It must often seem to students that it "ill-becometh" one like Krishna to appeal to Arjuna's pride, and to speak so often of Arjuna's worldly reputation as a warrior, but is it not rather self-respect and honor of which Krishna would remind him? If pride were actually aroused, Arjuna would be a sorry candidate for Krishna's instruction. Yet there are two kinds of pride -- that pride we associate with the word "foolish," which means an over-estimation of one's capacities, and then, that pride which can be equated with self-respect and honor. Krishna calls Arjuna to proceed on the basis of the Supreme Spirit -- an impersonal spiritual principle within all things which makes the usual consciousness of self seem foolish, and shows that only consciousness of All-Self is in accord with reality. Krishna appeals to Arjuna as an individual being, which implies that individual awareness of Self is a key to human evolution.

On this basis, it should not be difficult to proceed on the assumption that belief in oneself is an absolute pre-requisite to an adequate moral sense. First, we cannot believe in others unless we can believe that we ourselves are capable of the goodness which we may expect to see manifest in them; and secondly, belief in oneself is the only protection against animosity. How could others disturb us if our belief in ourselves -- in the Self -- is firm and strong?

If we distrust ourselves, we are thrown into constant perturbation. Dissatisfactions with self cannot be conquered within unless we have sufficient self-respect and "pride" in our own moral capacity; otherwise, we externalize our conflicts. Human beings are driven to assert their moral stature, and if no other ways remain -- if by actions they are not able to claim moral stature -- they can only derogate others in the endeavor to show that, in some respects, they may be worse than themselves. Therefore, it is correct to say that the man who hates, hates only himself, while the man who can genuinely respect his own moral integrity does not need to be suspicious of others nor to derogate them.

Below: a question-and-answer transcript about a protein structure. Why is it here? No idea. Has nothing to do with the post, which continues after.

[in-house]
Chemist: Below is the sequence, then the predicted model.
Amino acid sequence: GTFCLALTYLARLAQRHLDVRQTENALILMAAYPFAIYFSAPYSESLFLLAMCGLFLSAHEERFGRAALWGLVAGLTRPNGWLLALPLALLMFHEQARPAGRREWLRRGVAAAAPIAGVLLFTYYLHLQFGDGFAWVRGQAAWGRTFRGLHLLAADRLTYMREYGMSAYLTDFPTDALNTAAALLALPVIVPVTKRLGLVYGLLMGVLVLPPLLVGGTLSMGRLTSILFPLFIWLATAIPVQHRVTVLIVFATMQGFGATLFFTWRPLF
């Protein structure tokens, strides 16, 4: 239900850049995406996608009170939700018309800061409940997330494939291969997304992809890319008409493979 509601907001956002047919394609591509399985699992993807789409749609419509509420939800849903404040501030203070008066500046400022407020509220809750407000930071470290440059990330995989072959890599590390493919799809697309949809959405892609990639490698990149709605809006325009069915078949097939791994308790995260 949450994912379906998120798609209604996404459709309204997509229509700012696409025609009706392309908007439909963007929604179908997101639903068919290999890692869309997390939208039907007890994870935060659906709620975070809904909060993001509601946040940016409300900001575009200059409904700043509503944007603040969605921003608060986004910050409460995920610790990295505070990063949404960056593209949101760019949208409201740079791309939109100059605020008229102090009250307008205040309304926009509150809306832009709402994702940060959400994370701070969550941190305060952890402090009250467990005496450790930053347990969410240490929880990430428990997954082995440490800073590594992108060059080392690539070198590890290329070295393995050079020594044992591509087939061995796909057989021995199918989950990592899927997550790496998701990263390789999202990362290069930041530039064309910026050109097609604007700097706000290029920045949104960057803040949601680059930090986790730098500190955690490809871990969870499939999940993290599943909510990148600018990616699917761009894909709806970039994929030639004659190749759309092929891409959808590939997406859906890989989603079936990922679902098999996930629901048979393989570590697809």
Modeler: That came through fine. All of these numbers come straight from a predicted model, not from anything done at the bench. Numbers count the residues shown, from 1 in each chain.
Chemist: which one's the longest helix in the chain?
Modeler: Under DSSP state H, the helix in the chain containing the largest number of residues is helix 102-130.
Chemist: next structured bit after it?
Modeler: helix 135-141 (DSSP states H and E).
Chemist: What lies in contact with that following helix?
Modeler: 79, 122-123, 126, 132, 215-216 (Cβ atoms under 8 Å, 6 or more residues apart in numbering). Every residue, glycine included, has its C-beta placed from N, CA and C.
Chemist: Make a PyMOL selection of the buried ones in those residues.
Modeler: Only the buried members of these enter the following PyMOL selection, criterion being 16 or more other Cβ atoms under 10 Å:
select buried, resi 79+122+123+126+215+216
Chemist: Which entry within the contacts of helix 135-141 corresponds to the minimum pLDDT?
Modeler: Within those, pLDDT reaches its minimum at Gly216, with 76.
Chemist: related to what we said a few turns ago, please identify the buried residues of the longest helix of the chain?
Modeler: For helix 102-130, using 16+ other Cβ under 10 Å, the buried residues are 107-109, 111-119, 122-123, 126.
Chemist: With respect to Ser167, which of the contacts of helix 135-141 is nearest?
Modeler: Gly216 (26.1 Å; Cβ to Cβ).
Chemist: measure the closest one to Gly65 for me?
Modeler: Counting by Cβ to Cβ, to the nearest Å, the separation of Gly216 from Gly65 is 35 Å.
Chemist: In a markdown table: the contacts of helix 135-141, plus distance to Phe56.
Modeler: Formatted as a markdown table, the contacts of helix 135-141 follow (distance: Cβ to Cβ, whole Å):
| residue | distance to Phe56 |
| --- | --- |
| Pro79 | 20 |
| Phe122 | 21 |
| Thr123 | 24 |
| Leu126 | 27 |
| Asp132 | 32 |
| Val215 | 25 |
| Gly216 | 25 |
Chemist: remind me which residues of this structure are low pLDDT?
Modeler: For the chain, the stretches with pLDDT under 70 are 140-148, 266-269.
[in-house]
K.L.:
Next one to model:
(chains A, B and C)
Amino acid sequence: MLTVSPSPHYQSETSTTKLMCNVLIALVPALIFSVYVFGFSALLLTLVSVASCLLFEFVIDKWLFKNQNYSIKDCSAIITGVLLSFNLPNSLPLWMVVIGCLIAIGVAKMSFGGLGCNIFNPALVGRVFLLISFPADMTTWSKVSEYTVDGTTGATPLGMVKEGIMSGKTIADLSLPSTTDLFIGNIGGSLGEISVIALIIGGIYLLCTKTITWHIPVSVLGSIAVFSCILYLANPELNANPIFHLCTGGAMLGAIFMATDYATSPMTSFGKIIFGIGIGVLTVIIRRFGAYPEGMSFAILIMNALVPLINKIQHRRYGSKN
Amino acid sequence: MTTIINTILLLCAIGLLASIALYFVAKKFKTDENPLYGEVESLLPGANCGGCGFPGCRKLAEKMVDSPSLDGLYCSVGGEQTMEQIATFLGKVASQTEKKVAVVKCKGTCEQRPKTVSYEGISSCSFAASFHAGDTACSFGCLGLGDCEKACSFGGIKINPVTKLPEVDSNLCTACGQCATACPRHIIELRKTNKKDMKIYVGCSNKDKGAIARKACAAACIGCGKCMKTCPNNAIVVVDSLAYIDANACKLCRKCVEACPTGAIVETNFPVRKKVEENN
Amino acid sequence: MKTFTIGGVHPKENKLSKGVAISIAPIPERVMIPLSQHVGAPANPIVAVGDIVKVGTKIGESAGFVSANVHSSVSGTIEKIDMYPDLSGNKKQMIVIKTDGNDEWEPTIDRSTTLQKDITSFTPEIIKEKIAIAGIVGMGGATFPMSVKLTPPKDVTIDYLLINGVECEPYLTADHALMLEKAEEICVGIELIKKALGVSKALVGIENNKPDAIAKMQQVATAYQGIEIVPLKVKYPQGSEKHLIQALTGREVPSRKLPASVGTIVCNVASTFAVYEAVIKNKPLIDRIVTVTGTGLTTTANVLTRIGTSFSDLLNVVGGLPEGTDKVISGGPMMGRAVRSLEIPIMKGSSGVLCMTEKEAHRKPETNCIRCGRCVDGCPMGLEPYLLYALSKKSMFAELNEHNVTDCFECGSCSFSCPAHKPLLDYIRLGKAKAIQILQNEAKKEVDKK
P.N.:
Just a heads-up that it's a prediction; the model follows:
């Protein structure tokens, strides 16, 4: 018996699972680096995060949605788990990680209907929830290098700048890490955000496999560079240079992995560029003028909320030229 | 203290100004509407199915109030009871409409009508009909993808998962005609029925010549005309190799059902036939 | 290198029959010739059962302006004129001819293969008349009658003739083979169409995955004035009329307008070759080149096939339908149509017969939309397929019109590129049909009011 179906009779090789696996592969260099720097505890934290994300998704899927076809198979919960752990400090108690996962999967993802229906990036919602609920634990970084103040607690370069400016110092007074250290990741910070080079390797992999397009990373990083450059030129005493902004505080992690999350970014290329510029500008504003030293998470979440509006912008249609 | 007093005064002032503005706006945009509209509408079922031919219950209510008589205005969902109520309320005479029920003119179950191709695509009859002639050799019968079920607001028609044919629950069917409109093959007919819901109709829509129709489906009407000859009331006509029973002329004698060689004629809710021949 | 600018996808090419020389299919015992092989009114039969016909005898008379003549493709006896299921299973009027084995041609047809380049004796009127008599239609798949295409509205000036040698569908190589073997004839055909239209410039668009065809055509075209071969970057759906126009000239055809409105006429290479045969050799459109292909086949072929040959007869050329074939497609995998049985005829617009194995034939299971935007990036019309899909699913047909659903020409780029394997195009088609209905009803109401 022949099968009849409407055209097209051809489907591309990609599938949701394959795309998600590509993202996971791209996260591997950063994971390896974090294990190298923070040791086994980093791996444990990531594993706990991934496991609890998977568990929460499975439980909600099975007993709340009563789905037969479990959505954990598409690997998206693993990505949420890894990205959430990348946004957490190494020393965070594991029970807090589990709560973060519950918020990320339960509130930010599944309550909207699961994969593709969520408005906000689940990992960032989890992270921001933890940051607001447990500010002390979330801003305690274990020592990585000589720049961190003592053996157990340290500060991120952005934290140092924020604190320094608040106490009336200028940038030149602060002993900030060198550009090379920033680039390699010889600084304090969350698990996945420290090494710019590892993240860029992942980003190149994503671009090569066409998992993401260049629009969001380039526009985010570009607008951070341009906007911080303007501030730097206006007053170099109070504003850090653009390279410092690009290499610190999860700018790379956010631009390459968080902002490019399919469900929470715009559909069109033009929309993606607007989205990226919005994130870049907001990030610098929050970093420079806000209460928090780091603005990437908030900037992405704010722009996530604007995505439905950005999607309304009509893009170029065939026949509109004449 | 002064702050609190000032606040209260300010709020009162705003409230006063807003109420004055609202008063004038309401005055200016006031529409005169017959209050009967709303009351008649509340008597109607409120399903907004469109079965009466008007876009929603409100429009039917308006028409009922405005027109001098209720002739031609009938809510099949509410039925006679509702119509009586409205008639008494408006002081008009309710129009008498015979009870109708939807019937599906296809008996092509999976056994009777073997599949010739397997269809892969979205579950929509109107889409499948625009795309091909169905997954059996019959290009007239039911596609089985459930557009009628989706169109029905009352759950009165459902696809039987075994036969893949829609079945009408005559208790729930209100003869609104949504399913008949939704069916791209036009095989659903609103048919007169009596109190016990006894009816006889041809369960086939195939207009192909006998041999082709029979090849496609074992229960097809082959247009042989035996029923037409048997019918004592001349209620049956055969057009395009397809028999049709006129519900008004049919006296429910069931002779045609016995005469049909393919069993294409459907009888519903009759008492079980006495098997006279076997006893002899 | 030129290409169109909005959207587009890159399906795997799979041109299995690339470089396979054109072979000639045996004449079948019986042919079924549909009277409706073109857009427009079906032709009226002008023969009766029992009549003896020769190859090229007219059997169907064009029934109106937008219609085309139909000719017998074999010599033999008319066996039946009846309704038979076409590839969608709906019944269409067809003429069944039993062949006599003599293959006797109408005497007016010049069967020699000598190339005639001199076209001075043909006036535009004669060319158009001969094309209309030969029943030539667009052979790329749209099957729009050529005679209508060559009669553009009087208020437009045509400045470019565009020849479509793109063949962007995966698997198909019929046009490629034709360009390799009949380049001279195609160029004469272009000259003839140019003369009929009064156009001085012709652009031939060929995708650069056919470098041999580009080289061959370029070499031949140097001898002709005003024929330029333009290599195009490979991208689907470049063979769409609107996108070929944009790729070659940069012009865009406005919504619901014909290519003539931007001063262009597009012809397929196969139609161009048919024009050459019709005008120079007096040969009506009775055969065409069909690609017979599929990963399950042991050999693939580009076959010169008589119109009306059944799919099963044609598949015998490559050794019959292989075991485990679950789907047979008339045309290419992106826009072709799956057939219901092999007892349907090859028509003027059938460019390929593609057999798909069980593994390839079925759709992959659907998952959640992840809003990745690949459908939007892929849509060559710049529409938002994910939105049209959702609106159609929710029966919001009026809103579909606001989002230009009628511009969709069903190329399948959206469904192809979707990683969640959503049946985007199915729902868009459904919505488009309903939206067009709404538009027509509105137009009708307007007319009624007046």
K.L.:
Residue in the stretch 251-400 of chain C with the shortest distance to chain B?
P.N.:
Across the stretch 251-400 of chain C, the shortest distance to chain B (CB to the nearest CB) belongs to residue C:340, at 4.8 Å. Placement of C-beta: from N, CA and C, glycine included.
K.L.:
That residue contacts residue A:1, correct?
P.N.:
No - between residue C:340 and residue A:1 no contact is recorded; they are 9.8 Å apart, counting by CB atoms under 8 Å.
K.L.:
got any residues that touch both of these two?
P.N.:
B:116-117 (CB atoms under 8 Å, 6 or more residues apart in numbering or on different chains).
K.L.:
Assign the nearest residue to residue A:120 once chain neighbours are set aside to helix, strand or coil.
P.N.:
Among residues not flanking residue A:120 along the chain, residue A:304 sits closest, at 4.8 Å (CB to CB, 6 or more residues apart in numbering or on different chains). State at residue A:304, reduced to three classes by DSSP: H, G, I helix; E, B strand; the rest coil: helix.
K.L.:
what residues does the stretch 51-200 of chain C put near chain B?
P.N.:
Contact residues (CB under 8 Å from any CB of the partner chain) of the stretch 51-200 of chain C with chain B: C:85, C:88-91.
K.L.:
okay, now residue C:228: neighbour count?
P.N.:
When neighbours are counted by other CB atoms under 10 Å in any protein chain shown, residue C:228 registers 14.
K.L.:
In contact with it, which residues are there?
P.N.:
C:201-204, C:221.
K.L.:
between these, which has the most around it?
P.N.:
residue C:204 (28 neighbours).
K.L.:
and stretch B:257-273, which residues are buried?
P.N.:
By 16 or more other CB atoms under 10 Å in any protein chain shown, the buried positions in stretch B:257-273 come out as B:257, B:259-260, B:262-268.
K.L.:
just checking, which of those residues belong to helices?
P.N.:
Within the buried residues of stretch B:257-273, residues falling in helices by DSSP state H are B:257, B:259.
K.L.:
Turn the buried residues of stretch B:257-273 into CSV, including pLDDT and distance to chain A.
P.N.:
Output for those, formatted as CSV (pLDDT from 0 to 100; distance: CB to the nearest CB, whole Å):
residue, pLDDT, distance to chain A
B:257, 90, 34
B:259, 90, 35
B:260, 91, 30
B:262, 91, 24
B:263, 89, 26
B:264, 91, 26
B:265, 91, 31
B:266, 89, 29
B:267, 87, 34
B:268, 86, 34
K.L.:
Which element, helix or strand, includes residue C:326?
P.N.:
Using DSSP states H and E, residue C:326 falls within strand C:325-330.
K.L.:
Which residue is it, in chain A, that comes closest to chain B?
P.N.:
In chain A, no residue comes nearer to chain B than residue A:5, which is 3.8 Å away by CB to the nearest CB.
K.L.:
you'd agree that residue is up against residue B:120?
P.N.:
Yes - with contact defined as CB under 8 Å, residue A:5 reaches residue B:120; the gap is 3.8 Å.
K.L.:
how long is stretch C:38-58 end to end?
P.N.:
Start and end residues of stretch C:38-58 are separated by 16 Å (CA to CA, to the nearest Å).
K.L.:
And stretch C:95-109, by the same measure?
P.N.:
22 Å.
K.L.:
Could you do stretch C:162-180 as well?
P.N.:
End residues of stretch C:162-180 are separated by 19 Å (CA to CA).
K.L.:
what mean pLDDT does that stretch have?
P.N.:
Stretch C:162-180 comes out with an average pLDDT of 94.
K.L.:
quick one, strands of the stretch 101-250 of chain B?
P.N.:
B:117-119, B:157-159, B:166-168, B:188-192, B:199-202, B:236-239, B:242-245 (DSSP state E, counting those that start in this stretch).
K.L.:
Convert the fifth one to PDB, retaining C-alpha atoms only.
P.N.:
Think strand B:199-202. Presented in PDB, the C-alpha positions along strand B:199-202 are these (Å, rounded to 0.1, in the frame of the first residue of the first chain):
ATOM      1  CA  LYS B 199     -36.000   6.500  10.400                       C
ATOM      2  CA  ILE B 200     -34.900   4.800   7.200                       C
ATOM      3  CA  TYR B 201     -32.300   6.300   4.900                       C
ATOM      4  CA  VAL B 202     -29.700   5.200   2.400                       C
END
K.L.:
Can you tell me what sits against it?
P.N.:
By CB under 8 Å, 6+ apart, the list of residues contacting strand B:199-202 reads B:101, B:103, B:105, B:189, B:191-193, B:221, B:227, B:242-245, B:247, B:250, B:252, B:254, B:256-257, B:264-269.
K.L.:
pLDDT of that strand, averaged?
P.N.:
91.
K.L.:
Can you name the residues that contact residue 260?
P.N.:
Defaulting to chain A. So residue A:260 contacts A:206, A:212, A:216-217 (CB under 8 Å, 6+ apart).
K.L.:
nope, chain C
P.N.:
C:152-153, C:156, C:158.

All of the spiteful encounters between human beings have roots in a lack of self-respect, and, therefore, it may be an over-simplification to say that men should "think nothing of themselves" in order to be fully "moral" in their relations to others. At least, it would be just as true to state that the moment we are able to think of ourselves without an underlying cynicism we shall have more respect for our relationships with other humans. Carrying this line of speculation a step further, we may imagine that those who show the greatest callousness towards the lower orders of nature are also those who do not have much faith or "pride" in themselves. If man finds little to respect in his own forces of animal energy, he cannot be expected to deal intelligently with other manifestations of the same energy in the animal or plant worlds.

A teacher in an experimental school recently summed up all attitudes towards human experiences as either being "anti-life" or "pro-life." Certainly we cannot have a general feeling of regard for other forms of intelligence unless we have that regard for our own. Respect for, and belief in, our own integrity, our own qualities of heart and feeling, and our own powers of mind is a part of that universal sense of respect or intelligent love of all creatures, for which the great sages are renowned.

COMPILER'S NOTE: The following is a separate item which followed the above article but was on the same page. I felt it was useful to include it here:


In him who knows the difference between the nature of soul and mind, the false notion regarding the soul comes to an end. Then the mind becomes deflected toward discrimination and bowed down before Isolation.